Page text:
No, I Mean They’re **Really** Crazy!

Image result for images of explosion on the moon

Oops! Sorry about that!

“Watchman” mentioned an abortive, once-upon-a-time “plan to blow up the moon,” and a certain boyhood memory came roaring back to me. It must be said that back in 1958 there really was a plan to detonate a nuclear weapon on the moon ( It was called Project A119, under the aegis of the Air Force. The Russians had a similar plan. The purpose of both was to stage “a show of force.”

And it was supposed to be a secret, only acknowledged in 2000 after 45 years of denial.

Cut to Edgar School playground, 1958: I’m nine years old, and my friends and I are discussing–in tones of awe and quiet fear–you guessed it!–“a secret plan to blow up the moon.” And I said, “Every time they talk about it, there are these dubular clouds that appear on Mars.” I have no idea what a “dubular cloud” was supposed to be, and no memory of how I’d ever come to hear about it.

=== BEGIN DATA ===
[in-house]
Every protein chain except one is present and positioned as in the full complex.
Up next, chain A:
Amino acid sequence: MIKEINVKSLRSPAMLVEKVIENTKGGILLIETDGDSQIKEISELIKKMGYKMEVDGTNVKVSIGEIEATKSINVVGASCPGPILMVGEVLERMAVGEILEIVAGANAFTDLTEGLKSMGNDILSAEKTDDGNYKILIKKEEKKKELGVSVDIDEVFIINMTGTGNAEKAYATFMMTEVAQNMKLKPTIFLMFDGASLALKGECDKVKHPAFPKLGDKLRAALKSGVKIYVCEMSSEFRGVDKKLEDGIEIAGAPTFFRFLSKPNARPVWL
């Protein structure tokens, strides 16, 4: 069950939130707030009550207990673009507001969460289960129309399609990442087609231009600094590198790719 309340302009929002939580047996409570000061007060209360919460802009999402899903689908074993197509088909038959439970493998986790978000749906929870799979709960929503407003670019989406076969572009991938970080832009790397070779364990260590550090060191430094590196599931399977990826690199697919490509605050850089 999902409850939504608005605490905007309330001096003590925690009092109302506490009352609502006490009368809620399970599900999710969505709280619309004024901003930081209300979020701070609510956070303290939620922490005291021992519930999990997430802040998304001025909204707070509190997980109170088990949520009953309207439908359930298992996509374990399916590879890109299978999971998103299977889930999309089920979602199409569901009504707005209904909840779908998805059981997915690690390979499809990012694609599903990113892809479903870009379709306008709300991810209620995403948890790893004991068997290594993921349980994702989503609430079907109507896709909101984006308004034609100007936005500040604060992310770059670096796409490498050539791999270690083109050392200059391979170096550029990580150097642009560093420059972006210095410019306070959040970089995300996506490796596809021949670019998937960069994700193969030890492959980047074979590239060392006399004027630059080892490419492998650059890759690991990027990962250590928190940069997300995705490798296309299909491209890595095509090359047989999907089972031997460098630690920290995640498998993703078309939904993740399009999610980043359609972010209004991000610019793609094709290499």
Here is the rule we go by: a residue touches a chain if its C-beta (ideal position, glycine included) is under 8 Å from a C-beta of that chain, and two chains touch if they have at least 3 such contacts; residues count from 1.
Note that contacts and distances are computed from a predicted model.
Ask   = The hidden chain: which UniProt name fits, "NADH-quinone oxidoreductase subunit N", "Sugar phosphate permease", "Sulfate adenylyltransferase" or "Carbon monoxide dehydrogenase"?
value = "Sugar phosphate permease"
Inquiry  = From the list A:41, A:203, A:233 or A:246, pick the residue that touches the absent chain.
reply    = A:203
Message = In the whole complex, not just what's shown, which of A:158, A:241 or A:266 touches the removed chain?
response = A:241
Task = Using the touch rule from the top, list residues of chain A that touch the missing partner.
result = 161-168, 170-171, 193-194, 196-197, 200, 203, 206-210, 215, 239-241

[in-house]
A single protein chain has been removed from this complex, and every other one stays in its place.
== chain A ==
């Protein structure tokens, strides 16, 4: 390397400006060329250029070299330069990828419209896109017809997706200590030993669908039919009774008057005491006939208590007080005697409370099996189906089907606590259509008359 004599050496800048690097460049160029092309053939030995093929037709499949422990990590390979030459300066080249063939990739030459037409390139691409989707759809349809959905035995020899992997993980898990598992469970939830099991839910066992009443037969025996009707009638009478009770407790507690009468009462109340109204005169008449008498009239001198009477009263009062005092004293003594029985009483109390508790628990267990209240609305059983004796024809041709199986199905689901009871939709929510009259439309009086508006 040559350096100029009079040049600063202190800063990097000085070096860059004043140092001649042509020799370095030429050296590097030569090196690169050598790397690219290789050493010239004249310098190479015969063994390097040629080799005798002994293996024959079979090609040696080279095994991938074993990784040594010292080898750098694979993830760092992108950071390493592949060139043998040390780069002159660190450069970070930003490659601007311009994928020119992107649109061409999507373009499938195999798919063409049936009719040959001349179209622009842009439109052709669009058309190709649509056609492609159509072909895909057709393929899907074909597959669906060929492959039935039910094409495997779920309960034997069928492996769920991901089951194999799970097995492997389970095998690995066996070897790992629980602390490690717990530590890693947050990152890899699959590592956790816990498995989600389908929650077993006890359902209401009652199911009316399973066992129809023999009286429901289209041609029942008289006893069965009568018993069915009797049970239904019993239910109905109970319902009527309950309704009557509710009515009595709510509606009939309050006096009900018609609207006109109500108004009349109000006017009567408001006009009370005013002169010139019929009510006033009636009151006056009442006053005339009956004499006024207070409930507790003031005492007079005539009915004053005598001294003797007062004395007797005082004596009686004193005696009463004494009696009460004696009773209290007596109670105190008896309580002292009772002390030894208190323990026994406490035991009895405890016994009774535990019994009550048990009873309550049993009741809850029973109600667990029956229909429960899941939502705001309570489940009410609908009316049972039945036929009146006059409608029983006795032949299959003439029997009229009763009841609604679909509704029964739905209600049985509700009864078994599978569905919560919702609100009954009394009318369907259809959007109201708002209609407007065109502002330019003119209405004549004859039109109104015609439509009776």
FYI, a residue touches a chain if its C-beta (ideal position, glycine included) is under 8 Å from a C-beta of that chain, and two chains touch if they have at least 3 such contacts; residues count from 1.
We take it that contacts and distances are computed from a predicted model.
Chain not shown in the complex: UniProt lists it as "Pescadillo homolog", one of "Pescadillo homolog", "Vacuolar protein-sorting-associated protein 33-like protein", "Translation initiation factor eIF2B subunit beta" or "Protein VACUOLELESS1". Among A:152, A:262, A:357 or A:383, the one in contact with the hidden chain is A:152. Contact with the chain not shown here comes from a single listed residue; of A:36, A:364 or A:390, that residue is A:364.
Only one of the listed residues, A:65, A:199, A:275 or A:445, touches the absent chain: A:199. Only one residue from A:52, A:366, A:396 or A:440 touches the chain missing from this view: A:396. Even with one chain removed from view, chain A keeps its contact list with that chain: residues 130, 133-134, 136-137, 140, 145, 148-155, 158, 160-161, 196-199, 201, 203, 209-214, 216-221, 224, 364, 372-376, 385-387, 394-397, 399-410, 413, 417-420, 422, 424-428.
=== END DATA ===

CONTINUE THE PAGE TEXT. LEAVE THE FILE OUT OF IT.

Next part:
But a secret? What kind of top military secret is bandied about by 9-year-old kids on the playground? My wife, a little older than I, says everybody knew about it–and flat-out didn’t like it, not a bit. Which is why the project got canceled, according to Wikipedia.

What were these Air Force willies thinking??? Did they have any clear idea of what would happen if they did this? Not bloody likely! Thank you, O God, that cooler heads prevailed. As in “Oops! Big chunks of the Moon are now hurtling toward the earth! Gee, who knew that would happen?”

A study of history will reveal an inexhaustible supply of wackos in high places. If the Lord were not in charge, we wouldn’t last a week.

6 comments on “No, I Mean They’re **Really** Crazy!

  1. I actually did the math on this, and the largest nuke ever built would have about as much effect on the moon as a gnat would have on me, if I struck one while riding my bike at top speed. Obviously, foolish ideas can be had, even by people that should know enough to realize that their plans are impossible.

    1. I don’t think they realized, in 1958, that an A-bomb on the moon would do minimal damage. Even so, there was absolutely no reason to take the risk.

    1. Not to mention that sometimes that kind of “show of force” really freaks out the enemy and prompts him to do something rash.

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